NHS England and NHS Improvement is introducing an updated Pharmacy Quality Scheme from September 2021

Male pharmacist looking over shelves

As with previous schemes, £75 million of funding is available for the updated Pharmacy Quality Scheme (PQS), which will focus on supporting recovery from the COVID-19 pandemic. In order to participate, pharmacy contractors will need to have completed at least 20 New Medicine Service (NMS) provisions and met requirements related to patient safety and managing risks related to transmission of COVID-19, missing red flag symptoms in over-the-counter consultations, and missing sepsis.

Negotiations around the PQS were part of a wider consultation for year three of the 5-year Community Pharmacy Contractual Framework. With the PQS due to begin on 1 September 2021, the Pharmaceutical Services Negotiation Committee (PSNC) pushed for an earlier release of details to give contractors more time to prepare. 

The quality criteria that will be included in the scheme are:

  • identifying people who would benefit from weight management advice and onward referral, including to the recently introduced NHS Digital Weight Management Programme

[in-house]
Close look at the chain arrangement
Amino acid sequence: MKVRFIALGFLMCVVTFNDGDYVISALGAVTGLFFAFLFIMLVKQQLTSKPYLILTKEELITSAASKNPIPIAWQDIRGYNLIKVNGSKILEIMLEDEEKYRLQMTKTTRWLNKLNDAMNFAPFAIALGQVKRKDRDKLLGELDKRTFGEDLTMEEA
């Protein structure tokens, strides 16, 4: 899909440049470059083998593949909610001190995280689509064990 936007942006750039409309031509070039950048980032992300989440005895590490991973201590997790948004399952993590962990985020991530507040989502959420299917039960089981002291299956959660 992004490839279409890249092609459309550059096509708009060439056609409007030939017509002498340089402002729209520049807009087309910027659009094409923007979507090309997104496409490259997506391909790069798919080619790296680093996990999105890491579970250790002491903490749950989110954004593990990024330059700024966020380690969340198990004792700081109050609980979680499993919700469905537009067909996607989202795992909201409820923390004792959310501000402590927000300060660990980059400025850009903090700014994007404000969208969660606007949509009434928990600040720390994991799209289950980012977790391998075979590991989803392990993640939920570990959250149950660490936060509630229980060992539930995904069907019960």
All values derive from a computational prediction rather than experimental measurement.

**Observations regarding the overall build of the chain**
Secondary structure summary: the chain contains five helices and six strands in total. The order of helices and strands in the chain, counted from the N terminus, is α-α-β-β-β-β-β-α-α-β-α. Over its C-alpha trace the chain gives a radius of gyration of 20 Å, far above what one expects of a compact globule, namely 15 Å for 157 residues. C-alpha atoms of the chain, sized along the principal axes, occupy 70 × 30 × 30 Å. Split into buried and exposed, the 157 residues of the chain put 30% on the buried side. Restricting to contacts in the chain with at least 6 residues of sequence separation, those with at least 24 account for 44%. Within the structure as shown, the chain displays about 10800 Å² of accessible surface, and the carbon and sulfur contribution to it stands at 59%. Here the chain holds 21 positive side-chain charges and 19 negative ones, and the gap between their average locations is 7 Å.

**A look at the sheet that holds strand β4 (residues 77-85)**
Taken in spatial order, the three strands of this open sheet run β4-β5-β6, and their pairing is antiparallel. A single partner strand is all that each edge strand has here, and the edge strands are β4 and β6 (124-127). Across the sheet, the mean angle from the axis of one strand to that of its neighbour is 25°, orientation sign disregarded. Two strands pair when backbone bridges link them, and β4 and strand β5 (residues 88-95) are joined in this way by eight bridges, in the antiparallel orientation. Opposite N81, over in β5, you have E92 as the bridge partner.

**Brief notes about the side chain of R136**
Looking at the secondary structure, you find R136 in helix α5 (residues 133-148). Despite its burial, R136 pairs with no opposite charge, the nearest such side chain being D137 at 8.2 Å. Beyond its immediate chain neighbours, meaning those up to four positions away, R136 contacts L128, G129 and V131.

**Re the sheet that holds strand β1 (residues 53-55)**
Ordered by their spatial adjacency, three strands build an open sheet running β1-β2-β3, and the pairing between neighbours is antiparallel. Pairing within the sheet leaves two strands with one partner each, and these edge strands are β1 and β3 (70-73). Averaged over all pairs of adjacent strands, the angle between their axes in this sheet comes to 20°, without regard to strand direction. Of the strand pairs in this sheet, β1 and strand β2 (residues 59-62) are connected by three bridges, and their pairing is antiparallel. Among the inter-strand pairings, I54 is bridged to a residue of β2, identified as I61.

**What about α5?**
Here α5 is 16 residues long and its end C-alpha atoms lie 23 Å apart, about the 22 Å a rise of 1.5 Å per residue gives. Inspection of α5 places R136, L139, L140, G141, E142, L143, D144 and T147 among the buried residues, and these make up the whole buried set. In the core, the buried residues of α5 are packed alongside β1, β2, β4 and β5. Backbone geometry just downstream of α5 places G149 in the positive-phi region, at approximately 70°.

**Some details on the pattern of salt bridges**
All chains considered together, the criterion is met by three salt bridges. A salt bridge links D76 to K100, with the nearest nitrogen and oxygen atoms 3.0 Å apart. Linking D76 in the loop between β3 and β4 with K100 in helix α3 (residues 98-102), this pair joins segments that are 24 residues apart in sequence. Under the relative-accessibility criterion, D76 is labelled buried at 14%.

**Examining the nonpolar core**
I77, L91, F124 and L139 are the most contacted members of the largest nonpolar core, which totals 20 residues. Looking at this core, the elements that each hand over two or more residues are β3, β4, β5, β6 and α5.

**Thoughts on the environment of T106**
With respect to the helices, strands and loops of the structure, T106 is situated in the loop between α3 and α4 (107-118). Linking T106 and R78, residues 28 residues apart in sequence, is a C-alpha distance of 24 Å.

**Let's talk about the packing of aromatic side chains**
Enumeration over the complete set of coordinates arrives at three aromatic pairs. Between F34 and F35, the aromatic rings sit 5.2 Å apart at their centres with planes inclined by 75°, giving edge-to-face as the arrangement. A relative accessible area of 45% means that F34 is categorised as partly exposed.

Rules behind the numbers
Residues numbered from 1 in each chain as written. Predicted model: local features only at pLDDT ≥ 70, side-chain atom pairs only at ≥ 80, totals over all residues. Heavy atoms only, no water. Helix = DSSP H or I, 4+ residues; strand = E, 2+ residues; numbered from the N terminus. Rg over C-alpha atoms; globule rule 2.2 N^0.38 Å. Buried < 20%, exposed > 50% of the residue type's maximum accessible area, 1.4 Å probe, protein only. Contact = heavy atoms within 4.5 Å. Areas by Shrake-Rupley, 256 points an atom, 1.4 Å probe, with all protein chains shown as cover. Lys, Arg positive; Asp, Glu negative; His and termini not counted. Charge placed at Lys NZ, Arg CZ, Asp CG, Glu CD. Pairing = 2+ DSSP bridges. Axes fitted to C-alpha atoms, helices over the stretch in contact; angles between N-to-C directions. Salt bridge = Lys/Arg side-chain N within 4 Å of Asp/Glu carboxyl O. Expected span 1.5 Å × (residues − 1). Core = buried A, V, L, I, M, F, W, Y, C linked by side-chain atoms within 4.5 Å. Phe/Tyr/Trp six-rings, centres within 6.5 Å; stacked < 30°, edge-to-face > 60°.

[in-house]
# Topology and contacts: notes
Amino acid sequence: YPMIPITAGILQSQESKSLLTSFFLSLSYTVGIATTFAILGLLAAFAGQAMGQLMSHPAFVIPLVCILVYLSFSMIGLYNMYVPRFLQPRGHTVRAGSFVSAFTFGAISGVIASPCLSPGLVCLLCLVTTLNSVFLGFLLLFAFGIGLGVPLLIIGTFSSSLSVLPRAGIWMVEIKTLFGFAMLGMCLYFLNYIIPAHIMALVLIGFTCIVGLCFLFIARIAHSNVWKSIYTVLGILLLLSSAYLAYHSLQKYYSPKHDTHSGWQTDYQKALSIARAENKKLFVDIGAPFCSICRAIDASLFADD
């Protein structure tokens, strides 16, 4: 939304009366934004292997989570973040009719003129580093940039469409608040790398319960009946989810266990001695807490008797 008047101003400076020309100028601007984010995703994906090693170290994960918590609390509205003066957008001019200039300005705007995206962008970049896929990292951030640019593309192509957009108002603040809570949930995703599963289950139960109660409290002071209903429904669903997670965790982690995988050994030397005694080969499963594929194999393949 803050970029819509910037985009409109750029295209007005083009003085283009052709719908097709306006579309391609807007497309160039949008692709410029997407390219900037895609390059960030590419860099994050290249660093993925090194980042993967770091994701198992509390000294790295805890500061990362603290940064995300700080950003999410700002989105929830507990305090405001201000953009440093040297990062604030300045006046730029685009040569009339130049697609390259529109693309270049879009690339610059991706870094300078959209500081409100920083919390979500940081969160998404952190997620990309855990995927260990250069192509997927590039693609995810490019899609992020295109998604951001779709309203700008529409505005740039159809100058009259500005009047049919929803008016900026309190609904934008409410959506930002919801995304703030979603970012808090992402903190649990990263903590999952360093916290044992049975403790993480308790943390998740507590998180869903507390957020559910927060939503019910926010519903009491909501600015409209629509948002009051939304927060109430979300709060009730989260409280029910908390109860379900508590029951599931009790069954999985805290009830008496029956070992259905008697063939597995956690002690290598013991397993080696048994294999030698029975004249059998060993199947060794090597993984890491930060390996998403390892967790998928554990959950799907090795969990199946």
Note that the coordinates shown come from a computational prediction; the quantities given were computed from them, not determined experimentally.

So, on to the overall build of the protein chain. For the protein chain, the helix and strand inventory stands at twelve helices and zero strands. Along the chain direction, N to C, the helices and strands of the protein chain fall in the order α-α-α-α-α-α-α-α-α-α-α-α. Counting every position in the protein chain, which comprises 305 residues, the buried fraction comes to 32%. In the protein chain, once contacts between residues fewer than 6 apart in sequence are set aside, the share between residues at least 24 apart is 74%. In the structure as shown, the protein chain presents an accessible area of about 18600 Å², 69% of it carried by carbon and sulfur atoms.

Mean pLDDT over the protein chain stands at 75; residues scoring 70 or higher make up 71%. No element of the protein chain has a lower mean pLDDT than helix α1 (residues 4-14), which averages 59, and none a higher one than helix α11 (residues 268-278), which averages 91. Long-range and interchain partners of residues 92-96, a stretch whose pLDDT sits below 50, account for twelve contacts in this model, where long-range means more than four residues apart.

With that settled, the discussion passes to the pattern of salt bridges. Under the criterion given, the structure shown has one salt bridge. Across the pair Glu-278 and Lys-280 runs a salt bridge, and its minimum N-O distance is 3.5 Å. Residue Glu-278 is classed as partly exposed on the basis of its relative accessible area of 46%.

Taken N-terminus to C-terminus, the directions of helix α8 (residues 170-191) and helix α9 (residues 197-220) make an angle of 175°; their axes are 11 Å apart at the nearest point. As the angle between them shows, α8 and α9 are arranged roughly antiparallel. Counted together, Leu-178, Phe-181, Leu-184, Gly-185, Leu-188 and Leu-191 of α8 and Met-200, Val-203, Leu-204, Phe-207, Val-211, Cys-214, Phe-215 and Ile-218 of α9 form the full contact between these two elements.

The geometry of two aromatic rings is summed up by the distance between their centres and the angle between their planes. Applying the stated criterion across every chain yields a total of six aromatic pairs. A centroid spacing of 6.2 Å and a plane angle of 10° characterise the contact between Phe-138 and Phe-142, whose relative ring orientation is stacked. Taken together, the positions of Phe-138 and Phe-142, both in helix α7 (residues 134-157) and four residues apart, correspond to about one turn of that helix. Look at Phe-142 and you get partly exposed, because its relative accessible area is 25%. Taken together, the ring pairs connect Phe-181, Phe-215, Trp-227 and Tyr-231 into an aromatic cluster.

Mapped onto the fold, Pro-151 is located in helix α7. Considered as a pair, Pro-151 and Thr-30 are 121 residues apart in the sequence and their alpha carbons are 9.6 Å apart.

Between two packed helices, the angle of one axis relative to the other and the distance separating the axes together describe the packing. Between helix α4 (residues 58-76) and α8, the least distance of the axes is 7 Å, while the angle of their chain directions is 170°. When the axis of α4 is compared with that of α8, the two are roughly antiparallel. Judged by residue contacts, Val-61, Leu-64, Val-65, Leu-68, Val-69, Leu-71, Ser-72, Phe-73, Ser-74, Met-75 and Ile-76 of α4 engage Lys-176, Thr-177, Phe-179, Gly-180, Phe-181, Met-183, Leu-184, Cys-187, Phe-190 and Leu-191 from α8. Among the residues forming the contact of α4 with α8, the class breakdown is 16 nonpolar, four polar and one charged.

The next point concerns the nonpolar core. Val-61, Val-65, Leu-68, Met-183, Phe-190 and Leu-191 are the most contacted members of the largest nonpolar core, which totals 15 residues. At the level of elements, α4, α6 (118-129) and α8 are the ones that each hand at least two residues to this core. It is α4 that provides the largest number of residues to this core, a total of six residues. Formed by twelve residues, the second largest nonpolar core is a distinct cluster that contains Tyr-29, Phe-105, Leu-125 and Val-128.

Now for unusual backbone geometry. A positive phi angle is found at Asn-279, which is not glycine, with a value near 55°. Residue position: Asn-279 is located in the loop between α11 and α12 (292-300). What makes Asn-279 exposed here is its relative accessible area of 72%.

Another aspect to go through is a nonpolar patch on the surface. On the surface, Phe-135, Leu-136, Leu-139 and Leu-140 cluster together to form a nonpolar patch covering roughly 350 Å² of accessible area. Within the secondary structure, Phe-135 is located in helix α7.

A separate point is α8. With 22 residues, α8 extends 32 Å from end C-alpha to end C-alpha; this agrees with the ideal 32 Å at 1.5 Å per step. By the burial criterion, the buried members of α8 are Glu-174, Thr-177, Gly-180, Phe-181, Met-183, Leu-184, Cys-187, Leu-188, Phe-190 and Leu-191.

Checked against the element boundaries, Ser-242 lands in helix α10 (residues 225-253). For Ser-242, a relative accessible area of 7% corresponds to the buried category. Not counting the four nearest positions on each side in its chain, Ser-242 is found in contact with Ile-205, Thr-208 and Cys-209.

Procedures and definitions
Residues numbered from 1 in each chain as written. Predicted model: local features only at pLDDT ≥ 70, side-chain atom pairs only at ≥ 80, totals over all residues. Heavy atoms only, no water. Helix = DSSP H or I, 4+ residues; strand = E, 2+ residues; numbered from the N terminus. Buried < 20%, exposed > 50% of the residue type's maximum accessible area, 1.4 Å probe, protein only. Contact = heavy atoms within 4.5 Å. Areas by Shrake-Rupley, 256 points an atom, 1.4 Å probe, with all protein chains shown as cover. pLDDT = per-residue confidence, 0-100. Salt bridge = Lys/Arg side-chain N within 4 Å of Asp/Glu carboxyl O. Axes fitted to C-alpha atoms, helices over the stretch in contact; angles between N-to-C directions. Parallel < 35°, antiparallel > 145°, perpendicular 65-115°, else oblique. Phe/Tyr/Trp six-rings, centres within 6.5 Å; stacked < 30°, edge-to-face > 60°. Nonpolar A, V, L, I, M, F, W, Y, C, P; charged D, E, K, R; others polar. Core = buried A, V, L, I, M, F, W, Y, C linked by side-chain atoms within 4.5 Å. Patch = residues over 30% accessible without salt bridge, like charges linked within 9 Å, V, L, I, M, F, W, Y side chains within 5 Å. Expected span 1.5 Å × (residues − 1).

• training regarding health inequalities and producing an action plan to actively promote COVID-19 vaccinations, particularly in black, Asian, minority-ethnic, and low uptake communities
  • training to improve skills on the provision of remote consultations
  • enhancing antimicrobial stewardship using the Target antibiotic checklist
  • an anticoagulant audit to enhance patient safety
  • engagement with primary care networks to increase uptake within their population of flu vaccinations
  • checking inhaler technique, as part of catch-up NMS, ensuring patients have personalised asthma action plans and use of spacers in children, and encouraging return of unwanted and used inhalers for disposal to protect the environment.

Alastair Buxton, PSNC Director of NHS Services, said: ‘The PQS is now a standard fixture in the community pharmacy contract, providing the sector with an excellent opportunity to show our commitment to patients, further develop our clinical practice and be rewarded for providing high quality care.

‘However, with COVID-19 still on all our minds, PSNC has negotiated to reduce the scope of the Government’s original proposal to help manage the impact on contractor workload and costs. We also pushed back to ensure targets across the scheme were realistic in the current environment.

‘By pushing Government for the release of these details ahead of other Year Three arrangements, we were seeking to give contractors more time to get going with the scheme, but we also hope that news on the rest of the negotiations will be published shortly, once internal Government processes are complete.’